## Mini-batch gradient descent

Mini-batch gradient descent in contrast, refers to the algorithm which we’ll talk about on the next slide, and which you process is single mini batch \(X^{{t}}\), \(Y^{{t}}\) at the same time, rather than processing your entire training set X, Y the same time.

**Mini-batch gradient descent runs much faster** than batch gradient descent that’s pretty much what everyone in Deep Learning will use when you’re training on a large data set.

## Understanding mini-batch gradient descent

- If the mini-batch size=m then you just end up with
**Batch Gradient Descent**. - If your mini-batch size=1 and this gives you an algorithm called
**Stochastic Gradient Descent**.

**Disadvantage：**

- Lose almost all your speed up from vectorization. Because of that we processing a single training example at a time.
- It doesn’t always exactly converge or oscillate in a very small region. If that’s an issue you can always reduce the learning rate slowly.

**Guidelines : **

- If you have a small training set (maybe 2000), just use batch gradient descent.
- If you have a bigger training set, typical mini batch sizes would be, anything from 64 up to maybe 512 are quite typical.
- Because of the way computer memory is laid out and accessed, sometimes your code runs faster if your mini-batch size is a power of 2.

## Exponentially weighted averages

Exponentially weighted averages and it’s also called exponentially weighted moving averages in statistics.

## Understanding exponentially weighted averages

The key equation for implementing exponentially weighted averages : \(v_t = \beta v_{t-1} + (1- \beta) \theta _t\)

It takes very little memory.

## Bias correction in exponentially weighted averages

**Bias Correction** that can make you computation of these averages more accurately.

If you are concerned about the bias during this initial phase, while your exponentially weighted moving average is still warming up. Then bias correction can help you get a better estimate early on.

## Gradient descent with Momentum

Momentum, or gradient descent with momentum that almost always works faster than the standard gradient descent algorithm.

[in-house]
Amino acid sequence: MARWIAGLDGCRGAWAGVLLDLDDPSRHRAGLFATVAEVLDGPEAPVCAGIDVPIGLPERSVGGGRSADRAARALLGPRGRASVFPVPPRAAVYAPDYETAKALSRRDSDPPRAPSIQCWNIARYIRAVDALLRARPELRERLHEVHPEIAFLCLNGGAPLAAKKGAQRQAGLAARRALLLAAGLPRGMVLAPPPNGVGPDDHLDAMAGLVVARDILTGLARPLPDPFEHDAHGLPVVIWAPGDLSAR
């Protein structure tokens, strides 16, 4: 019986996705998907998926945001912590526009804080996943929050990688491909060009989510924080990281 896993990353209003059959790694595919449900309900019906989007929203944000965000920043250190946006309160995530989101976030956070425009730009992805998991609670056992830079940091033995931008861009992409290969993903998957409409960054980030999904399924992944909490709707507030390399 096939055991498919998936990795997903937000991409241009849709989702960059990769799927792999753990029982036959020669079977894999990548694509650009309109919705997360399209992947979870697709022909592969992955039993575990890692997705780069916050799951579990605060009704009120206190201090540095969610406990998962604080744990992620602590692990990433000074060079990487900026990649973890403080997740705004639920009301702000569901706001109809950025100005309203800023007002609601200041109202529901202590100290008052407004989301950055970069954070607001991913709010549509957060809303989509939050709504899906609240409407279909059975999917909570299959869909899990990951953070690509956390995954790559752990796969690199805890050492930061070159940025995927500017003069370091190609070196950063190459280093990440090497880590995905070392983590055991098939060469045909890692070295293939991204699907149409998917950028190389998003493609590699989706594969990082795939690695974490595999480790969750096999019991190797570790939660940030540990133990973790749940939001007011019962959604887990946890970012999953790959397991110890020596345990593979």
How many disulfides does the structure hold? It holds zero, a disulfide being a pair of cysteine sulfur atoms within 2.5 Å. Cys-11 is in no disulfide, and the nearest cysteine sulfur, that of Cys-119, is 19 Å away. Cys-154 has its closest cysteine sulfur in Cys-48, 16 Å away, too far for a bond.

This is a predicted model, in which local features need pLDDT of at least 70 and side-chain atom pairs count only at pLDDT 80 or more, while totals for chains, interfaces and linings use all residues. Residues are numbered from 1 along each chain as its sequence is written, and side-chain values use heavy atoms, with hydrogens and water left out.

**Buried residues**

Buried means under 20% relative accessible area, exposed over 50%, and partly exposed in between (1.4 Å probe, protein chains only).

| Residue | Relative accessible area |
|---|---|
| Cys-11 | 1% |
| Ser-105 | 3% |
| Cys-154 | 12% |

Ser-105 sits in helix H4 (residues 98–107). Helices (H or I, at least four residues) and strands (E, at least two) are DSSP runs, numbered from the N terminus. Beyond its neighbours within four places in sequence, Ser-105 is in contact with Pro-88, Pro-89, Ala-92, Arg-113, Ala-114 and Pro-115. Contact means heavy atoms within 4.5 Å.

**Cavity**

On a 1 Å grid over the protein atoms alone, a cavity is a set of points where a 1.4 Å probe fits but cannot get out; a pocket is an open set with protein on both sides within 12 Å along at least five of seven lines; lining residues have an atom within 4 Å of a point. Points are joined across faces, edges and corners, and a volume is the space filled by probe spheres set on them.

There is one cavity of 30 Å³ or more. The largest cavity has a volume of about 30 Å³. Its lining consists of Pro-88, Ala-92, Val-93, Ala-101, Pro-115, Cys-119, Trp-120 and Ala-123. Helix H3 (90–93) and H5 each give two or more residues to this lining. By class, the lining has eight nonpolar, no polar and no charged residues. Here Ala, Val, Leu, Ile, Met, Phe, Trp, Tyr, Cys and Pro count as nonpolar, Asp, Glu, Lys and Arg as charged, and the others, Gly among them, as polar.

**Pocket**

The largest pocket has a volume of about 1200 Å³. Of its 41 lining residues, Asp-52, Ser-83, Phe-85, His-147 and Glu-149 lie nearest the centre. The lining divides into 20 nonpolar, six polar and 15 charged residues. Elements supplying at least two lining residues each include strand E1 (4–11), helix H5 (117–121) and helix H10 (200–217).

In one sentence, the basic idea is to compute an exponentially weighted average of your gradients, and then use that gradient to update your weights instead.

This will almost always work better than the straightforward gradient descent algorithm without momentum.

## RMSprop

RMSprop (Root Mean Square Prop) that can also speed up gradient descent.

And so, you want to slow down the learning in the b direction, or in the vertical direction. And speed up learning, or at least not slow it down in the horizontal direction. So this is what the RMSprop algorithm does to accomplish this.

## Adam optimization algorithm

RMSprop and the Adam optimization algorithm, which we’ll talk about in this video, is one of those rare algorithms that has really stood up, and has been shown to work well across a wide range of deep learning architectures.

And the Adam optimization algorithm is basically taking momentum and RMSprop and putting them together.

## Learning rate decay

One of the things that might help speed up your learning algorithm, is to slowly reduce your learning rate over time.

some formula :

\(\begin{matrix}\alpha = \frac {1}{1 + decayrate*epoch -num} \alpha _0\\

\alpha = \frac {k}{\sqrt{epoch -num}} \alpha _0\\

\alpha = \frac {k}{\sqrt{t}} \alpha _0

\end{matrix}\)

## The problem of local optima

Instead most points of zero gradient in a cost function are saddle points.

In very high-dimensional spaces you’re actually much more likely to run into a saddle point.